Who can say the N-Word?

By Seth Tamarkin, Contributing Writer

Today, no stone has been left unturned when it comes to having tough conversations about touchy yet neglected topics, such as Colin Kaepernick challenging the country to grapple with police brutality. A week and a half ago, the UMass Dartmouth chapter of the NAACP and the House of Deliberations held an event in which they discussed another of the prevailing tough conversations; who can say the N-word?

The event asked attendees to give their opinions on a series of topics pertaining to who can say the n-word. Moderating the discussion were House of Deliberations President Eric James and UMass Dartmouth chapter of the NAACP Vice-President Shamiah Cheeks, who according to James chose to co-sponsor the event with the HoD because they both were interested in educating people on the word since last semester. Attendees included Black, White, and Asian students alike as they all gave their insights into the topics, as well as the Co-Presidents of the Black Law Student Association, police officer Adam Brightman, and a few other influential voices.

Before the debates began, Shamiah and Eric compared the n-word to an oft-overlooked antonym to the n-word; Negus. “In ancient Ethiopia” Shamiah said, “Negus meant royalty.” Quite the departure from the meaning the n-word has been attributed to Black people in America, which makes their similarities that much more captivating.


A few years prior, Kendrick Lamar saw this coincidence too and rapped, “Oprah was right on time / Kendrick Lamar, the realest Negus alive.” By interpolating a common phrase in the rap community but replacing the n-word with Negus, Kendrick shows a possible future where Negus, royalty, replaces the hateful n-word. He mentions Oprah since she, too, is vehemently against anyone saying the n-word.

Which leads right into the topics at hand which asked who, if anyone, should be allowed to use the word. A quick consensus was reached unanimously that White people should not say the word, while decisions on the Latino and Asian community saying it were mixed. Yet while all agreed that White people shouldn’t use the term, the idea’s sustainability was questioned.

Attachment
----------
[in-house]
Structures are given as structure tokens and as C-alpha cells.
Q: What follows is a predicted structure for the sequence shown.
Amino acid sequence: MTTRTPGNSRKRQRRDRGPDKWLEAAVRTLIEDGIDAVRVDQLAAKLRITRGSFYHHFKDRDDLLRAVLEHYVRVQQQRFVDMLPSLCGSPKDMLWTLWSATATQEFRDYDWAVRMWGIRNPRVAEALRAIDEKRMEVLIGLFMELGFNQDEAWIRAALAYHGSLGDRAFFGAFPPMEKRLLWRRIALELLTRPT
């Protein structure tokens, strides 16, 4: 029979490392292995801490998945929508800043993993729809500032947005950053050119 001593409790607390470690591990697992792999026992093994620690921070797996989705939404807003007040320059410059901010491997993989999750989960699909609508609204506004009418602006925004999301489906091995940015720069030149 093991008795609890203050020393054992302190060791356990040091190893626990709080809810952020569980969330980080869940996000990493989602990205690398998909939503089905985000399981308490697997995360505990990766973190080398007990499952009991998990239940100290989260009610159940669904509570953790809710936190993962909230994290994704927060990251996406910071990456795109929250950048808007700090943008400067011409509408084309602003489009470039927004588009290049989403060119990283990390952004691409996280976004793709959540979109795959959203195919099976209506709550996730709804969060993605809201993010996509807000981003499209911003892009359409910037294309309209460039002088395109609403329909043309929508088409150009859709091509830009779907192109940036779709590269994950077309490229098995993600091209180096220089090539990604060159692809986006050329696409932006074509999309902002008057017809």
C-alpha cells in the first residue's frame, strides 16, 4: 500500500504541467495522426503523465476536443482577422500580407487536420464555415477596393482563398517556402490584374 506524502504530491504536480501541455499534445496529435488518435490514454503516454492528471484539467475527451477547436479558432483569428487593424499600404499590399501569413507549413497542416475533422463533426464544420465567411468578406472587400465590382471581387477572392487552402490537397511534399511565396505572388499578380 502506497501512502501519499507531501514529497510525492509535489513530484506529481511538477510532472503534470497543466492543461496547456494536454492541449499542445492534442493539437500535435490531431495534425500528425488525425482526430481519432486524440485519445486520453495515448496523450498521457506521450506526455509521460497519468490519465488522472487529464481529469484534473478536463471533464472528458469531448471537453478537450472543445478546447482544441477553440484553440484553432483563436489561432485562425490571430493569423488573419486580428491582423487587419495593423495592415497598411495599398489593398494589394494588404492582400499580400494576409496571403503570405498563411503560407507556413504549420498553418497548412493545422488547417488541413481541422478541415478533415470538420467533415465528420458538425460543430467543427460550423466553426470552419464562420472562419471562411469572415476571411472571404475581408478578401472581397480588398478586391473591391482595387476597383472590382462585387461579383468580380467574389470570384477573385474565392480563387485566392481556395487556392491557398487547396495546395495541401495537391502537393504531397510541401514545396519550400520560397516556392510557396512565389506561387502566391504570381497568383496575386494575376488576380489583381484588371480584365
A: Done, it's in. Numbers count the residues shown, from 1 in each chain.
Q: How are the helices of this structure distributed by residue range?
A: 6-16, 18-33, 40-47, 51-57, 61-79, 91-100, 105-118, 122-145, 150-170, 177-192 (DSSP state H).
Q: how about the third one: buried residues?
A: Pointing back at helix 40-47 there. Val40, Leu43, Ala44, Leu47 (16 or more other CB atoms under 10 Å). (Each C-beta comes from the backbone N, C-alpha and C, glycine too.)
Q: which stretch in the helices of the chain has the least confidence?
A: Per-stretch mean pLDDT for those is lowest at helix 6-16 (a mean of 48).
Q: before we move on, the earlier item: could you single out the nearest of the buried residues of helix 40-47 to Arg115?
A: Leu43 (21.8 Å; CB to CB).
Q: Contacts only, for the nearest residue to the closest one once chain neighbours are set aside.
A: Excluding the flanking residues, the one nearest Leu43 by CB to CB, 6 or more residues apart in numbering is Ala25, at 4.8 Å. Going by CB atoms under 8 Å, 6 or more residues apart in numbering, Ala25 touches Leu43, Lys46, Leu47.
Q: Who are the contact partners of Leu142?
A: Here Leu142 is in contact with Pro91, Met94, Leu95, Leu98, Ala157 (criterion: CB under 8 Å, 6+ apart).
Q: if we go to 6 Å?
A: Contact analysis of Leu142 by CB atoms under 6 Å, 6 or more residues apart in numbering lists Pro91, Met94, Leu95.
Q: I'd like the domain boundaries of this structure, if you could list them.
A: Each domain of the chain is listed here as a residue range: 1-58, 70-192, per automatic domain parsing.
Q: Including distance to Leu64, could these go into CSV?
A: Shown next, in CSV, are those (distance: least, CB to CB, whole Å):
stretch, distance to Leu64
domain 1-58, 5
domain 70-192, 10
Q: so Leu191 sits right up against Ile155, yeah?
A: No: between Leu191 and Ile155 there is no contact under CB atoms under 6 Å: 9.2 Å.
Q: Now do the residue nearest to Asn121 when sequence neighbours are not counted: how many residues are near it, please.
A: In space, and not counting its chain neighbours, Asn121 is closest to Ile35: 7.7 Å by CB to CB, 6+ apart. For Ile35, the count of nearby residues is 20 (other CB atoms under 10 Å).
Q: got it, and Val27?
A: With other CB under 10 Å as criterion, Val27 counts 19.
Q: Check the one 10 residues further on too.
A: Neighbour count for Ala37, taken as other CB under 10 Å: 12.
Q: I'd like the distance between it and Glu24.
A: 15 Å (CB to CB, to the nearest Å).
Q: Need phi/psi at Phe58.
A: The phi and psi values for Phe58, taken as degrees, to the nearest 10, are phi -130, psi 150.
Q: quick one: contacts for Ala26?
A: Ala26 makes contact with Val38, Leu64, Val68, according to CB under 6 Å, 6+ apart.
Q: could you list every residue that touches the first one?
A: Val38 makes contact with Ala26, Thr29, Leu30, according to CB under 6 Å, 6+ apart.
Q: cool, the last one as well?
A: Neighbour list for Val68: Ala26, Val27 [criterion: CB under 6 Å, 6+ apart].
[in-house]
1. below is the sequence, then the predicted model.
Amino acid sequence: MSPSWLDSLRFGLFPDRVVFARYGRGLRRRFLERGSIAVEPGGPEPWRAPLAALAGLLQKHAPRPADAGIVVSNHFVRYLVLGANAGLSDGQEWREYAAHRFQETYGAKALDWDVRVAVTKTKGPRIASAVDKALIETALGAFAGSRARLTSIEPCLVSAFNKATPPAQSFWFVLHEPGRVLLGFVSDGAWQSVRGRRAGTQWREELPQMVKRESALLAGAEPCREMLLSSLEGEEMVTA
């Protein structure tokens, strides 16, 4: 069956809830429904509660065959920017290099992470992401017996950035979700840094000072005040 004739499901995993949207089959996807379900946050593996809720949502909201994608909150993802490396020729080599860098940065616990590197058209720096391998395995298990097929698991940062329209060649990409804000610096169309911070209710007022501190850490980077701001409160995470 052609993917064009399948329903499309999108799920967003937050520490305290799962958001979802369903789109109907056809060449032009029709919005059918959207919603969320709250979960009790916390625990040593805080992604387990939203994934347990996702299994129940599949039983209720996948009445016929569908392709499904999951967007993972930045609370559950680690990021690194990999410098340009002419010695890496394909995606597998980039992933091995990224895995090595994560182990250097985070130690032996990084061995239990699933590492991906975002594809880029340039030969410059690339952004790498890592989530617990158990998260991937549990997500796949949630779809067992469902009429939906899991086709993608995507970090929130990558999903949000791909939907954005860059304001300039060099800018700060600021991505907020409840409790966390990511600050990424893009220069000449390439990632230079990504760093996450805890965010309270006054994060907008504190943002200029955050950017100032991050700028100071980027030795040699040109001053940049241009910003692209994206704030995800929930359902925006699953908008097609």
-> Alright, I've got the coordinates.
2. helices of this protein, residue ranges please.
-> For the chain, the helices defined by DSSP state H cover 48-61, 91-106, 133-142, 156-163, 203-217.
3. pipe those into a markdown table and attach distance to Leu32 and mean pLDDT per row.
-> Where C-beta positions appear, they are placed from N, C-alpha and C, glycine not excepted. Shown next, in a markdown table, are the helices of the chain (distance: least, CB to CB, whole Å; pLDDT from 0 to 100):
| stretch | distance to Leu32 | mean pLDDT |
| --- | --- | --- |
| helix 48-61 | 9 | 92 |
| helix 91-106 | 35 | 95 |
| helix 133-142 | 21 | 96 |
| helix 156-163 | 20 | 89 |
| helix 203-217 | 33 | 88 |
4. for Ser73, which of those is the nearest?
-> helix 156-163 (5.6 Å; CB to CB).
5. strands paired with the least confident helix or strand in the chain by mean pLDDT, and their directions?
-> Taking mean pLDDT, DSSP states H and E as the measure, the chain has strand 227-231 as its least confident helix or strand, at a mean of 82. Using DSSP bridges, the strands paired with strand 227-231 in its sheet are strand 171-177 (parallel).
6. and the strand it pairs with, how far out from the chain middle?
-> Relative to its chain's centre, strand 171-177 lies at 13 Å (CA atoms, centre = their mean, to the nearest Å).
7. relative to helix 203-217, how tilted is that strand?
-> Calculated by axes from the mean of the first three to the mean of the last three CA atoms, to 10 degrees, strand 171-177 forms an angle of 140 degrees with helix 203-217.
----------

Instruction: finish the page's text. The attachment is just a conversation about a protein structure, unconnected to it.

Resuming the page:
One woman bluntly stated that freedom of speech must extend to all people, Black or White, and eventually either everyone must say it or no one. Others contended that Black people reclaimed the word and turned a hateful slur into a meaning of endearment, in the same vein that other groups like gay people did with ‘queer’. Therefore, they’ve earned the right to use the term.


James said that the topic of reclaiming specifically “really garnered the attention of everyone in the room.” David Gomes, Deputy Director and Senior Investigator of the Office of Diversity, Equity and Inclusion, as well as co-advisor to the UMD chapter of NAACP, made a pointed argument about reclaiming.

“You never hear Jews saying the ‘k-word’ to each other. They have banished the word from their collective consciousness. When Michael Jackson said the word in his song They Don’t Care About Us, Jewish groups not only had him remove the word from the single version but even the master. That, is true power and a great example of reclaiming” Gomes spoke.

The idea of reclaiming the word by dismissing it is compelling, and seemingly approved on by Kendrick Lamar and Oprah Winfrey, although Lamar still frequently uses the n-word in his music, which shows just how pervasive the term has become. Similarly, many attendees acknowledged Gomes’ assertion but also confirmed that they used the word too often to suddenly stop.


Another interesting anecdote came from a sophomore named Amanda discussing how people in her home country of Ghana never use the n-word. As a matter of fact, no one in the African diaspora uses the word except for African Americans, adding more confusion on who can say it or why they would even want to.

No matter how sensitive the topic, everyone was cordial when speaking their points and there was an air of amiability that emanated throughout the room which is essential when discussing controversial topics. Even as the event wrapped up, everyone seemed eager to continue the conversation, something the NAACP and HoD hoped for.

“I think it left a good number of things unresolved but that’s fine because the part two is right around the corner,” James said. HoD is holding their semester finale on the twenty-fourth, and the n-word discussion with the NAACP will conclude on the 26 while the NAACP meets every Thursday at 6:30 p.m.


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